This work will provide modern tools for the robust design of ORCs systems. It benefits from the direct collaboration with the SME EXOES (ANR LAbCom VIPER), and from a collaboration with LEMMA.

Wave energy conversion is an emerging sector in energy engineering. The design of new and efficient Wave Energy Converters (WECs) is thus a crucial activity. As pointed out by Weber [135], it is more economical to raise the technology performance level (TPL) of a wave energy converter concept at low technology readiness level (TRL). Such a development path puts a greater demand on the numerical methods used. The findings of Weber also tell us that important design decisions as well as optimization should be performed as early in the development process as possible. However, as already mentioned, today the wave energy sector relies heavily on the use of tools based on simplified linear hydrodynamic models for the prediction of motions, loads, and power production. Our objective is to provide this sector, and especially SMEs, with robust design tools to minimize the uncertainties in predicted power production, loads, and costs of wave energy.

Following our initial work [91], we will develop, analyse, compare, and use for multi-fidelity optimization,non-linear models of different scales (fidelity) ranging from simple linear hydrodynamics over asymptotic discrete nonlinear wave models, to non-hydrostatic anisoptropic Euler free surface solvers. We will not work on the development of small scale models (VOF-RANS or LES) but may use such models, developed by our collaborators, for validation purposes. These developments will benefit from all our methodological work on asymptotic modelling and high order discretizations. As shown in [91], asymptotic models foe WECs involve an equation for the pressure on the body inducing a PDE structure similar to that of incompressible flow equations. The study of appropriate stable and efficient high order approximations (coupling velocity-pressure, efficient time stepping) will be an important part of this activity. Moreover, the flow-floating body interaction formulation introduces time stepping issues similar to those encountered in fluid structure interaction problems, and require a clever handling of complex floater geometries based on adaptive and ALE techniques. For this application, the derivation of fully discrete asymptotics may actually simplify our task.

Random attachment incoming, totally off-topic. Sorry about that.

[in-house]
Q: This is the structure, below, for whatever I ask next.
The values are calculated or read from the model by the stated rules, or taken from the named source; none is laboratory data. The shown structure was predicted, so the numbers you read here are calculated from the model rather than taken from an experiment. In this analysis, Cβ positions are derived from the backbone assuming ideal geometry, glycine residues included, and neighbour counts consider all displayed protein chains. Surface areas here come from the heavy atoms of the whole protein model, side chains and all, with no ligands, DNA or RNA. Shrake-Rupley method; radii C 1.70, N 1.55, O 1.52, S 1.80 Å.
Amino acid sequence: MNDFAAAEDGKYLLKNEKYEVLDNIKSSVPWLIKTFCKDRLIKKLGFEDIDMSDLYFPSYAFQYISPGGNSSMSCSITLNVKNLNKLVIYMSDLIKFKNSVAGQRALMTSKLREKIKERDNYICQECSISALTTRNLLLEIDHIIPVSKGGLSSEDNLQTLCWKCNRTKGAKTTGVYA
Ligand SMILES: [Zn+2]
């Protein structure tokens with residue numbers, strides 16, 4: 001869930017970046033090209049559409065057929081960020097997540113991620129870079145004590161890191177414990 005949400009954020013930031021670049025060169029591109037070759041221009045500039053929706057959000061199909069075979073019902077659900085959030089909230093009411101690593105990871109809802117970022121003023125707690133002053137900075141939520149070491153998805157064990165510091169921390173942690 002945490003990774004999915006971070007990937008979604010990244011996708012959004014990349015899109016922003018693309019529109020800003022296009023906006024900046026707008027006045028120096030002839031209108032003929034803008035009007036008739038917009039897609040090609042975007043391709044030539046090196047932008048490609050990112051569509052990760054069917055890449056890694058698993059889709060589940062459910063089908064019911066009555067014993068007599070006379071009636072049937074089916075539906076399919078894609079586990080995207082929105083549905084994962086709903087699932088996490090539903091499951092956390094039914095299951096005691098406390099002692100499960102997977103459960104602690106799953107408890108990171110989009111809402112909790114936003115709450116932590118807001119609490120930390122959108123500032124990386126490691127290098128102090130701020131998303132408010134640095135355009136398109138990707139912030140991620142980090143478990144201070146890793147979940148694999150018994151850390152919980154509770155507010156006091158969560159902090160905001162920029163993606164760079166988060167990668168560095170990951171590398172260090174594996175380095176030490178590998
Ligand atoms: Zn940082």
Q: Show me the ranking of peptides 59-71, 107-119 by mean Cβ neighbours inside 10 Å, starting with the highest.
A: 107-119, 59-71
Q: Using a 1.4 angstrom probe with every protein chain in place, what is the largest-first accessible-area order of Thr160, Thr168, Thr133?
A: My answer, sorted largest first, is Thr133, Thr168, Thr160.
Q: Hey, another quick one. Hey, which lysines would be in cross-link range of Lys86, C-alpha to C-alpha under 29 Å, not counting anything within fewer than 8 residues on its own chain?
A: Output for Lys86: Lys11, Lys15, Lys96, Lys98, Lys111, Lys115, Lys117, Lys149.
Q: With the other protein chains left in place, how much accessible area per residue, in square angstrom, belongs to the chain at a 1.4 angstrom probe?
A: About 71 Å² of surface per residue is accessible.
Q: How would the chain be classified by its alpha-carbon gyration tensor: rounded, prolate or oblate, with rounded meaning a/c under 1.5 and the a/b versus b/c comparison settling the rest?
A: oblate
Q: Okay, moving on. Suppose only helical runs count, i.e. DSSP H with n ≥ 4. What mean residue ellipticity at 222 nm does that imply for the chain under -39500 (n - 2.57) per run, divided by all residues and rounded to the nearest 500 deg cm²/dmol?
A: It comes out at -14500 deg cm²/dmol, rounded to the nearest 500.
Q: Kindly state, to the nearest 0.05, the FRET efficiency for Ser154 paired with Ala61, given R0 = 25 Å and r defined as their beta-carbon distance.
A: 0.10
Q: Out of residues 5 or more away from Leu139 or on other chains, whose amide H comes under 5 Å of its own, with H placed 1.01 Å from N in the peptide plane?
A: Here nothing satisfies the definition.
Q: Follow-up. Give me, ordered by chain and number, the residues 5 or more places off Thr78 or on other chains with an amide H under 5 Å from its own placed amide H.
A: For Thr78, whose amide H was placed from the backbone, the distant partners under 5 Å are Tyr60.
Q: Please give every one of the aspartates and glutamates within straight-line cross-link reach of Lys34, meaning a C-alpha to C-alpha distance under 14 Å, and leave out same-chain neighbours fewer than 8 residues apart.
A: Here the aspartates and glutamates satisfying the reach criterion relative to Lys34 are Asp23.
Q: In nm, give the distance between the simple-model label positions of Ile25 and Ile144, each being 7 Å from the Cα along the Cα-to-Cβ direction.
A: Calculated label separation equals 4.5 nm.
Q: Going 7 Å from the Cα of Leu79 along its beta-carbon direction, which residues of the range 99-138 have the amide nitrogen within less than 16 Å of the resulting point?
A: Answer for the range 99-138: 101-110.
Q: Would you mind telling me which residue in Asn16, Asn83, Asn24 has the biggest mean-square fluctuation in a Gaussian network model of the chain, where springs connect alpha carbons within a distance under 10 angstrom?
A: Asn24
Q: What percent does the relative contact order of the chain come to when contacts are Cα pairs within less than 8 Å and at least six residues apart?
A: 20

Once available, we will use this hierarchy of models to investigate and identify the modelling errors, and provide a more certain estimate of the cost of wave energy. Subsequently we will look into optimization cycles by comparing time-to-decision in a multi-fidelity optimization context. In particular, this task will include the development and implementation of appropriate surrogate models to reduce the computational cost of expensive high fidelity models. Here especially artificial neural networks (ANN) and Kriging response surfaces (KRS) will be investigated. This activity on asymptotic non-linear modelling for WECs, which has had very little attention in the past, will provide entirely new tools for this application. Multi-fidelity robust optimization is also an approach which has never been applied to WECs.

This work is the core of the EU OCEANEranet MIDWEST project, which we coordinate. It will be performed in collaboration with our European partners, and with a close supervision of European SMEs in the sector, which are part of the steering board of MIDWEST (WaveDragon, Waves4Power, Tecnalia).